A bigger-than-anticipated rise in U.S. consumer prices has put investors on high alert for more signs of inflationary pressure that could push the Federal Reserve toward increasing interest rates.
Several investors announced the consumer price index report released on May 12 was not enough to prompt the Fed to reverse its course. However, the news, which fed concerns that the economy is moving toward sustained higher inflation, rattled markets.
Major U.S. stock indexes declined by about 2% each following the U.S. Labor Department report. According to a report, the consumer price index surged 0.8% last month, the largest rise since June 2009. The core reading gained 0.9%.
Moreover, investors turn their attention to upcoming economic reports that could fill in the inflation picture. Economists anticipate wholesale inflation to increase, as it did in March.
Additionally, April retail sales, industrial production, and business inventory numbers will be issued on May 13.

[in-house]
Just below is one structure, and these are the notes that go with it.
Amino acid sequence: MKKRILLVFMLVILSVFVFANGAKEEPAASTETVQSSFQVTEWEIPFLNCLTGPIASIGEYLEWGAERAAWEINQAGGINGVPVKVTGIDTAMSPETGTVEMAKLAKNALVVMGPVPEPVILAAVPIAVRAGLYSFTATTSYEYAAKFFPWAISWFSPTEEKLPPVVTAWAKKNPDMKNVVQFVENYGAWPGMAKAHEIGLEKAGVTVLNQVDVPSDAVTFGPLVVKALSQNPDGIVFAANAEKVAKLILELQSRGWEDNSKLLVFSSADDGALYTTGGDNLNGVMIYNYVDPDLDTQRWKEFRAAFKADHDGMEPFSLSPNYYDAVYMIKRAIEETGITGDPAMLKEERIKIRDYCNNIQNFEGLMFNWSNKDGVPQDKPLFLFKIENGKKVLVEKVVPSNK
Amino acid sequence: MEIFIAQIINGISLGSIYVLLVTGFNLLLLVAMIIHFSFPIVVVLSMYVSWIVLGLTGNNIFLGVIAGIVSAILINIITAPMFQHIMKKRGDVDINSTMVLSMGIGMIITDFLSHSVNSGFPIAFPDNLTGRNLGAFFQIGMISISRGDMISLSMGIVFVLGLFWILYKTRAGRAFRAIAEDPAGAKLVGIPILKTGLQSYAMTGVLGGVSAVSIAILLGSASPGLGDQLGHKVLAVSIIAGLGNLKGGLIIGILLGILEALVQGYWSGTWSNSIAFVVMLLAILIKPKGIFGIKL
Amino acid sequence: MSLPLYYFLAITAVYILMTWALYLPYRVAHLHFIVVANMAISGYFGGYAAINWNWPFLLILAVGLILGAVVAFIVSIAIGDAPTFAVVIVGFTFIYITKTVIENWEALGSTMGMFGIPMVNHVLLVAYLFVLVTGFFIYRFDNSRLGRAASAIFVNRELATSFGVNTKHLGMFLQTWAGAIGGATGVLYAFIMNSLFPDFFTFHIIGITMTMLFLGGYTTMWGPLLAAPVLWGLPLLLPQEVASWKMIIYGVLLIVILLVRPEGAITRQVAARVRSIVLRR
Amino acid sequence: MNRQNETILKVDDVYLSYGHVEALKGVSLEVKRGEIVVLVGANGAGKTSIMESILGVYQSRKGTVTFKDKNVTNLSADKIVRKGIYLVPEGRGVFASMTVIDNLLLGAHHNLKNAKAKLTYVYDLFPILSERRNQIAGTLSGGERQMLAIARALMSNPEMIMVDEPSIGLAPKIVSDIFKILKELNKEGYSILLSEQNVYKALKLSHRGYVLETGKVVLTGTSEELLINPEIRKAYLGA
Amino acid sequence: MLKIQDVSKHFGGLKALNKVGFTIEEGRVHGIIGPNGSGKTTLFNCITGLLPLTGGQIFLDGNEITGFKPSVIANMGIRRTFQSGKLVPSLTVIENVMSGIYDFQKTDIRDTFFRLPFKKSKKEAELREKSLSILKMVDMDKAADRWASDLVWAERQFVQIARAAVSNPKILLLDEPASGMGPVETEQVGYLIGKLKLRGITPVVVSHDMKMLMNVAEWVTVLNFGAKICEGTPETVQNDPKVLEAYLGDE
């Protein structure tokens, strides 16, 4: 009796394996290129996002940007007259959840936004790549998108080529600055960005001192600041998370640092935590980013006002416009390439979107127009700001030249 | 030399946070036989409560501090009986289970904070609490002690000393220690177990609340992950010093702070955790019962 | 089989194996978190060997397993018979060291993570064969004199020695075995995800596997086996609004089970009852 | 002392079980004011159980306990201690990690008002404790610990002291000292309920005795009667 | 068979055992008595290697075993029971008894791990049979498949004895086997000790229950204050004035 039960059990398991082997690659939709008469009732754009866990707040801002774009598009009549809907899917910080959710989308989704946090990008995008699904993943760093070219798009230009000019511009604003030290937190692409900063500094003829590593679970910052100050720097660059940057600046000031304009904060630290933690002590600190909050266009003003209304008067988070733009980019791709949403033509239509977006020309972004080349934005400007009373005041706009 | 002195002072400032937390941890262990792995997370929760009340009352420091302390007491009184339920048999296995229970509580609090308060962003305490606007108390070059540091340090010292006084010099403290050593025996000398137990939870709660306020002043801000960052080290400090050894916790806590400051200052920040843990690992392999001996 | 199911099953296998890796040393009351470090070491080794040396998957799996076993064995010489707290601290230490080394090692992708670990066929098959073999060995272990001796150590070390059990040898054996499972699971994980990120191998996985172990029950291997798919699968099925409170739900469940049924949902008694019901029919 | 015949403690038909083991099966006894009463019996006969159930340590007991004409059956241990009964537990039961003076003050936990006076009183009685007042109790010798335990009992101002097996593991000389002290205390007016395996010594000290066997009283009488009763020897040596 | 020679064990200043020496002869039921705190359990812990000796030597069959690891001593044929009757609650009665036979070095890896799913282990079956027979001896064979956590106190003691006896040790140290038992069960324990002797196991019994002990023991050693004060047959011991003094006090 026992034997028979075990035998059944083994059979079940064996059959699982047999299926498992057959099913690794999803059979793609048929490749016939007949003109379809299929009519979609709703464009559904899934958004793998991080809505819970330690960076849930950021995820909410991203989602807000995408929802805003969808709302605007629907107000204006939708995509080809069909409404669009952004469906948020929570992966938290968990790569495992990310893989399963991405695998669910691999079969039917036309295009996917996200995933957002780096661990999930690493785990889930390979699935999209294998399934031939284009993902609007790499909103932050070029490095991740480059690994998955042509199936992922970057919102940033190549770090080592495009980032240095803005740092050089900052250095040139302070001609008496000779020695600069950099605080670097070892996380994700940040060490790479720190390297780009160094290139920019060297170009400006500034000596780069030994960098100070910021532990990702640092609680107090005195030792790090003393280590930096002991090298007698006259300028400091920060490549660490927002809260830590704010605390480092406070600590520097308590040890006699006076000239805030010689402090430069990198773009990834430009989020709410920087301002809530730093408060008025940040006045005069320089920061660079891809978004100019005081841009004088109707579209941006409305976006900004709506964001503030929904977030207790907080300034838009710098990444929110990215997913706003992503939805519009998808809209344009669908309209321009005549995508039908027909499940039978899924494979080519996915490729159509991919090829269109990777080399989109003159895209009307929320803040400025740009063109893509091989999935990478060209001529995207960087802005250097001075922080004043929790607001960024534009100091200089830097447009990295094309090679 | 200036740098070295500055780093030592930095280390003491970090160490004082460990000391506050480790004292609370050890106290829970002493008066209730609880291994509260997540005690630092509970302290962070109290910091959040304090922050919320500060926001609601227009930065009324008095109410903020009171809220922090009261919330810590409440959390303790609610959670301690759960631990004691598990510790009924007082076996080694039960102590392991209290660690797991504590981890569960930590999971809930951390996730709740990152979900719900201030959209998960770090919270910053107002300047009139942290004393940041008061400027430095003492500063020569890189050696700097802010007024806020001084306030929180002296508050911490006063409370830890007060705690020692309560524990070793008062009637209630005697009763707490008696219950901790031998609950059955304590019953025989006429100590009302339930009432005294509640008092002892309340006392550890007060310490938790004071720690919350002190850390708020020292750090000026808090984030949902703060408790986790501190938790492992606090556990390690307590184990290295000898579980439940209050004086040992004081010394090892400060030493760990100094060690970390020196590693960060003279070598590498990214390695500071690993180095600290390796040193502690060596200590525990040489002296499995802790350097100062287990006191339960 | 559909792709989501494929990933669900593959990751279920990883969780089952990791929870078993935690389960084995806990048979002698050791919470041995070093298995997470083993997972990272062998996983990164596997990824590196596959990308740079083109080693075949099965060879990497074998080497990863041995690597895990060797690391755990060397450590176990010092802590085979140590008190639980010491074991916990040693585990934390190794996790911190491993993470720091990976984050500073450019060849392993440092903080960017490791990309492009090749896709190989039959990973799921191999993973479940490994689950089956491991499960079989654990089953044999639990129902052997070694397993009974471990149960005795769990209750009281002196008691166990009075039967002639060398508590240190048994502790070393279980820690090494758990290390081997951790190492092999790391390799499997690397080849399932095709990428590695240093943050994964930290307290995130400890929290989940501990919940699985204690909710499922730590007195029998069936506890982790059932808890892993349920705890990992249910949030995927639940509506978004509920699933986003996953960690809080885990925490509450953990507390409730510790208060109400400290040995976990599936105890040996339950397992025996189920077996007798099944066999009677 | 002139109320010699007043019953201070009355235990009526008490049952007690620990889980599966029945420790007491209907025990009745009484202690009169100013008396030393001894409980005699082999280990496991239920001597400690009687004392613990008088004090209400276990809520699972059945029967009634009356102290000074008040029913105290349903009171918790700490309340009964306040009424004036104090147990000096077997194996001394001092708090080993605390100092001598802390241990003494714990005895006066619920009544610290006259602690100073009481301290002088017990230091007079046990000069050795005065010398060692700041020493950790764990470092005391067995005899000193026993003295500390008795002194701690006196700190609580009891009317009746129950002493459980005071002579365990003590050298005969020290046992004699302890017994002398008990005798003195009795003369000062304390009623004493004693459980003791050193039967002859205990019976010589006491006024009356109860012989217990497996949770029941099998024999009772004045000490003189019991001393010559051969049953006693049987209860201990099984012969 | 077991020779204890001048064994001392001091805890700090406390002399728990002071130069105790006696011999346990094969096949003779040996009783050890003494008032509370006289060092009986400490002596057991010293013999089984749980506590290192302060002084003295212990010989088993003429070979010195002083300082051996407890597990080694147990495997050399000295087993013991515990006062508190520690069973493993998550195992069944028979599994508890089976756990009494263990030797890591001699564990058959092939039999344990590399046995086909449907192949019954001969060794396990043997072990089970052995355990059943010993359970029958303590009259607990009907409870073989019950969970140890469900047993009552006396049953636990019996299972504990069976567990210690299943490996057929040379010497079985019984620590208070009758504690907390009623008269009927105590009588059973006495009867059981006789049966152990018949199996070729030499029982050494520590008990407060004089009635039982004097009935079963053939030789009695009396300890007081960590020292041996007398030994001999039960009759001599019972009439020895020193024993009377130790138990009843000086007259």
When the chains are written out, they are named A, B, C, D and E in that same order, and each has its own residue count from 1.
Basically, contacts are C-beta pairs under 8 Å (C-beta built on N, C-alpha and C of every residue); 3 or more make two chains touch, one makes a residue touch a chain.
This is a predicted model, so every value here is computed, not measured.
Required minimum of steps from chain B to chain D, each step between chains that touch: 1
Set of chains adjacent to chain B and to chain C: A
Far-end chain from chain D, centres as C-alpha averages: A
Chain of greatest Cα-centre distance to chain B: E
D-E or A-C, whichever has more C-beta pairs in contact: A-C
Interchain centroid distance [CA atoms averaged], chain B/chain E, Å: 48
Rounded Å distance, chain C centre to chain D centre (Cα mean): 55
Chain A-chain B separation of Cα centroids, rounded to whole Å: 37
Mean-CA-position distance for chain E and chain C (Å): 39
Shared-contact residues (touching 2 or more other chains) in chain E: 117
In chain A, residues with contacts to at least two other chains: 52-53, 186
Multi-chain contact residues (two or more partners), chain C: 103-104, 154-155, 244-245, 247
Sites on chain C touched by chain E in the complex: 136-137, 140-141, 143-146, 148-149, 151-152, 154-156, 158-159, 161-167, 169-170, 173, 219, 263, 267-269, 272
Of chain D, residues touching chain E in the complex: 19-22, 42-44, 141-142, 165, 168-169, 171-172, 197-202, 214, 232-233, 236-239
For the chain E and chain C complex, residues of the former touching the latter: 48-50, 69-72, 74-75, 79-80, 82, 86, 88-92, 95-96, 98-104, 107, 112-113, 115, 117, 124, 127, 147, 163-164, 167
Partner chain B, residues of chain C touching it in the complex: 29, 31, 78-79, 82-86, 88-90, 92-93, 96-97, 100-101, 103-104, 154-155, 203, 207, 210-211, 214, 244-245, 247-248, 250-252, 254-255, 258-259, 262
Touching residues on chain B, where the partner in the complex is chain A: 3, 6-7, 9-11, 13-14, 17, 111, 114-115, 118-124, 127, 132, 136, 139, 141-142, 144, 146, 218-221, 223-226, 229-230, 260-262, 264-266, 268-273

U.S. job growth slowed in April which is a sign of cooling activity
Inflation observers wonder if the economy’s rebound from the coronavirus pandemic starts to pick up too much steam. U.S. citizens are getting vaccinated against the COVID-19, and many states are lifting restrictions on businesses. Stimulus checks were sent to qualifying households in March, helping to increase demand.
Friday’s jobs report revealed U.S. job growth unexpectedly slowed in April, which is a sign of cooling activity.
Moreover, Fed Vice Chair Richard Clarida announced a day earlier that it would take time before the U.S. economy is healed enough for the Fed to think about pulling back its crisis levels of support. Moreover, he added that he anticipates the surge in prices to be temporary.
Furthermore, the yield on 10-year Treasury notes gained 7.1 basis points at 1.695% by late Wednesday after rising to 1.697%, its highest since April 13. Notably, it is on pace for its largest one-day basis point jump since March 18.